6 August 2005 - Saturday
Means to an end
Siris has an intriguing entry on Elizabeth Anscombe, who protested Oxford's decision to award an honorary degree to Harry Truman in 1956. She regarded the use of the atomic bomb on Japan as unconscionable because it was a targeted attack on innocents:
When I say that to choose to kill the innocent as a means to one's ends is murder, I am saying what would generally be accepted as correct. But I shall be asked for my definition of "the innocent". I will give it, but later. Here, it is not necessary; for with Hiroshima and Nagasaki we are not confronted with a borderline case. In the bombing of these cities it was certainly decided to kill the innocent as a means to an end.Interestingly, however, she strongly rejected pacifism:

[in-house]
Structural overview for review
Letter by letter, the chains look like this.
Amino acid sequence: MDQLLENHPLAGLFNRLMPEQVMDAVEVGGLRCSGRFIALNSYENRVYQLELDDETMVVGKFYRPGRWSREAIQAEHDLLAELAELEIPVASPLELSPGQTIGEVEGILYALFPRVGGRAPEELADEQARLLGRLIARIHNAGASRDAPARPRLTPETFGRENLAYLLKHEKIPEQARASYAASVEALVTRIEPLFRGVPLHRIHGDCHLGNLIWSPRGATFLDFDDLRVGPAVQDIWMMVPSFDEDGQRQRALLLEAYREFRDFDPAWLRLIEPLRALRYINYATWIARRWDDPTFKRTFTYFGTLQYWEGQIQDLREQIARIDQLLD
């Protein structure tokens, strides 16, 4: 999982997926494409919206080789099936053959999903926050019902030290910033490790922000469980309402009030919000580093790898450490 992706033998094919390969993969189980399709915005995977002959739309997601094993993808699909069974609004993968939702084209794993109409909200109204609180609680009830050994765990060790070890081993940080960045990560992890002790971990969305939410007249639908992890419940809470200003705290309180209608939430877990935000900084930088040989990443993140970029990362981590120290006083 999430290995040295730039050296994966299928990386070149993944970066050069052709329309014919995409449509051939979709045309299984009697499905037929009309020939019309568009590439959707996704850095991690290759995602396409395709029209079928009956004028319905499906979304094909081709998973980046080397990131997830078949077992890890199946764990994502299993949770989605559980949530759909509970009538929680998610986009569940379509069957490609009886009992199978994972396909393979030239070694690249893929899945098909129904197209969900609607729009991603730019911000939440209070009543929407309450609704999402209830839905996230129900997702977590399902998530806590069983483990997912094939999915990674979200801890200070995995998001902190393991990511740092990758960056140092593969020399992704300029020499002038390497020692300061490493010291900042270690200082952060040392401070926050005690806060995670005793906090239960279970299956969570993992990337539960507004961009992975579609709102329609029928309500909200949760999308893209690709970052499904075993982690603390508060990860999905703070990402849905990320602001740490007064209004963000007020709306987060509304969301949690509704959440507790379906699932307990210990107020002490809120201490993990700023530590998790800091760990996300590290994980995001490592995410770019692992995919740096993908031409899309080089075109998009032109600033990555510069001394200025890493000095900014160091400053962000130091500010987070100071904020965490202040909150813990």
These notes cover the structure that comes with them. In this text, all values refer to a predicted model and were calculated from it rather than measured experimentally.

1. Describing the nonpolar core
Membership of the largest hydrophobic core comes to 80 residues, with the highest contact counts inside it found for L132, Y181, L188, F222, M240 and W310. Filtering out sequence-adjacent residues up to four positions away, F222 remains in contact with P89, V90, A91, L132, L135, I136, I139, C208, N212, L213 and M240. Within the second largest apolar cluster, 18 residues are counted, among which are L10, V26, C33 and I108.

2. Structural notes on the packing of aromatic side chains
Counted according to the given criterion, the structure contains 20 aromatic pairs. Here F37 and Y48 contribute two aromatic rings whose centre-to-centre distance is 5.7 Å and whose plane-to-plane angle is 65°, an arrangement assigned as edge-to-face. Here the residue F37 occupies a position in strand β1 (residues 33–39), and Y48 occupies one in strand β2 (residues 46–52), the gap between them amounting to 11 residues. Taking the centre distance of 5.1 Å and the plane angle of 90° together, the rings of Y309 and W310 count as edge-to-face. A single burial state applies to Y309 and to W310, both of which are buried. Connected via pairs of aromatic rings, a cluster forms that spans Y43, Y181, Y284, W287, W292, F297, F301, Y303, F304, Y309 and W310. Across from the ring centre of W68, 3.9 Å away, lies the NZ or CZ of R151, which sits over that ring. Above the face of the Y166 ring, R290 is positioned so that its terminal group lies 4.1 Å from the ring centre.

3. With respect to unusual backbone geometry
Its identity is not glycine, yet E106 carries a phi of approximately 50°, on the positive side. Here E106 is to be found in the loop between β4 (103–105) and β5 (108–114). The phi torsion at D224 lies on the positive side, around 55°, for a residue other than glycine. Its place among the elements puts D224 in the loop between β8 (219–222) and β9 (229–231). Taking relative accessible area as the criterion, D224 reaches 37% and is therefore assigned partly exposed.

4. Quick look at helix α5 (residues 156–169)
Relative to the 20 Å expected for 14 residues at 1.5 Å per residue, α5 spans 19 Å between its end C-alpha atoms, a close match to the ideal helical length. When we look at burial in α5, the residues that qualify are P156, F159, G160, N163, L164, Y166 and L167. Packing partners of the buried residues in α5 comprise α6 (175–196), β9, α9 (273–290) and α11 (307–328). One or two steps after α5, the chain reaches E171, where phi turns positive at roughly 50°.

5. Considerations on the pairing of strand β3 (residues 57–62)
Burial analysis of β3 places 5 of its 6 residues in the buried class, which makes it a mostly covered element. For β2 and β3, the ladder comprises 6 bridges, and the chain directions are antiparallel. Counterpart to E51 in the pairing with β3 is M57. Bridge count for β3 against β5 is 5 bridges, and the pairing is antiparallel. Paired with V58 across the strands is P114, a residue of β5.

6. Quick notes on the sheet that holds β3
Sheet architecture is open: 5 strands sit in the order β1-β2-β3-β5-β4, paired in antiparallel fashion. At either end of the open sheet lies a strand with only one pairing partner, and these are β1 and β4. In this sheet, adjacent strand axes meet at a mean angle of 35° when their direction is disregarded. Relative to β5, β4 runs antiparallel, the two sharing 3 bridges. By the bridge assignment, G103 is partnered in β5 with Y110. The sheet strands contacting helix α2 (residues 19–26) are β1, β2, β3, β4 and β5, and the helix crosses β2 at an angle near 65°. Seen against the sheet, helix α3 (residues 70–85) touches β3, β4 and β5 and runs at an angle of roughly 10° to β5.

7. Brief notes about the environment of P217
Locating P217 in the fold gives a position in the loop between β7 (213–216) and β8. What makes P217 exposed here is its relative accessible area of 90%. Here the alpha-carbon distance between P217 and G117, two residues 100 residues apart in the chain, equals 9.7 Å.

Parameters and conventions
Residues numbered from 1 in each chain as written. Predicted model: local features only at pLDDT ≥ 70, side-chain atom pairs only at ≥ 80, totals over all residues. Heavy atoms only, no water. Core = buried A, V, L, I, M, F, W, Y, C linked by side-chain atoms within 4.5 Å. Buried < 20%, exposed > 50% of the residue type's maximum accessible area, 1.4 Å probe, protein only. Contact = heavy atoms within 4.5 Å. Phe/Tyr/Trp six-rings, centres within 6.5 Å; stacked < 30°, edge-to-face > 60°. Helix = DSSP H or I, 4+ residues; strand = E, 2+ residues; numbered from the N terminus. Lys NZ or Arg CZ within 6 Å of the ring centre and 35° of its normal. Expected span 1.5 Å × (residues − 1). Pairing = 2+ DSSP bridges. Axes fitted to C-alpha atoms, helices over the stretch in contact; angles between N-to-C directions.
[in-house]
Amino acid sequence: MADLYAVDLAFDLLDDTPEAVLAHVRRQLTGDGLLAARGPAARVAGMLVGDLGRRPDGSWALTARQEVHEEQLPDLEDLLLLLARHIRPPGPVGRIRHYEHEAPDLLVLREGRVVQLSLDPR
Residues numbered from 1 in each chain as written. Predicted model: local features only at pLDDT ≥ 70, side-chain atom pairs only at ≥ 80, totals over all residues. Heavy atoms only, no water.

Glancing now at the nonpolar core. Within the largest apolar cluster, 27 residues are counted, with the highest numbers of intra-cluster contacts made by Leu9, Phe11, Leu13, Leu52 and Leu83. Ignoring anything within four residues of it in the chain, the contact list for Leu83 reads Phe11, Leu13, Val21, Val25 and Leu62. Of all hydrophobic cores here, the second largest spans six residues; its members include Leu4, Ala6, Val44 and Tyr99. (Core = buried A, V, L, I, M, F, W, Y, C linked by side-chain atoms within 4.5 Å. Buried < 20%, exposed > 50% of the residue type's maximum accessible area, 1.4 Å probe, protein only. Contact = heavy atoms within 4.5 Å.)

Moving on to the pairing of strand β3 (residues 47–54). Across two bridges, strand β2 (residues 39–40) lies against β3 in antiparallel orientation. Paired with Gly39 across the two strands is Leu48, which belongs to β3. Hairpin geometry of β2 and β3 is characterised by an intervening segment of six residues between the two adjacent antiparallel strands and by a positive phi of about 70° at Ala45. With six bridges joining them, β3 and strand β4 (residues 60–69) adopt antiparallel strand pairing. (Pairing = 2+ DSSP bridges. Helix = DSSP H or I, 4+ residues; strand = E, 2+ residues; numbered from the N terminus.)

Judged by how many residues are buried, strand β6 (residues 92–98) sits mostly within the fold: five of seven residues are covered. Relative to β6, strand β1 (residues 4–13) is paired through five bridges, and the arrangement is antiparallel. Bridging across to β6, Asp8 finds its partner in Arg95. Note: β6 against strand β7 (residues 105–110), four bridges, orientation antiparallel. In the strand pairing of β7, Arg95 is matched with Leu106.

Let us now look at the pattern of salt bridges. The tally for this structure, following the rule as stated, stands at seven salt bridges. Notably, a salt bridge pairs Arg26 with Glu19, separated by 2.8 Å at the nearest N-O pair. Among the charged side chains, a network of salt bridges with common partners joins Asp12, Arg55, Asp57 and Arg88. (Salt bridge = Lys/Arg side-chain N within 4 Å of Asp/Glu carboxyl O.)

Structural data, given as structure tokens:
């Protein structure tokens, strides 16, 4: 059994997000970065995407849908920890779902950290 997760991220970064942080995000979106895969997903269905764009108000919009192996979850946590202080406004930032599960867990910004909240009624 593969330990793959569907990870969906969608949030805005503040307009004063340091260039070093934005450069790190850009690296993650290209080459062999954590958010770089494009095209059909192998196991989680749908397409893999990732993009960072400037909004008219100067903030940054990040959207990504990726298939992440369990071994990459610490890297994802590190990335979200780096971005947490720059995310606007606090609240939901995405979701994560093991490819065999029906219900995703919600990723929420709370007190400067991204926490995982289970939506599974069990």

The correct answer to the statement that "war is evil" is that it is bad -- for example a misfortunte -- to be at war. And no doubt if two nations are at war at least one is unjust. But that does not show that it is wrong to fight or that if one does fight one can also commit murder.I cannot say that I have come to a satisfying conclusion on the matter. It is entirely likely that -- on balance -- the bombing of Hiroshima (and maybe Nagasaki) saved lives, even the lives of innocent Japanese. On the other hand, the bombing was a terroristic tactic -- both in its intended psychological effects and in its targeting of civilians. In the early years of the twenty-first century, are we not claiming that no end ever justifies such means?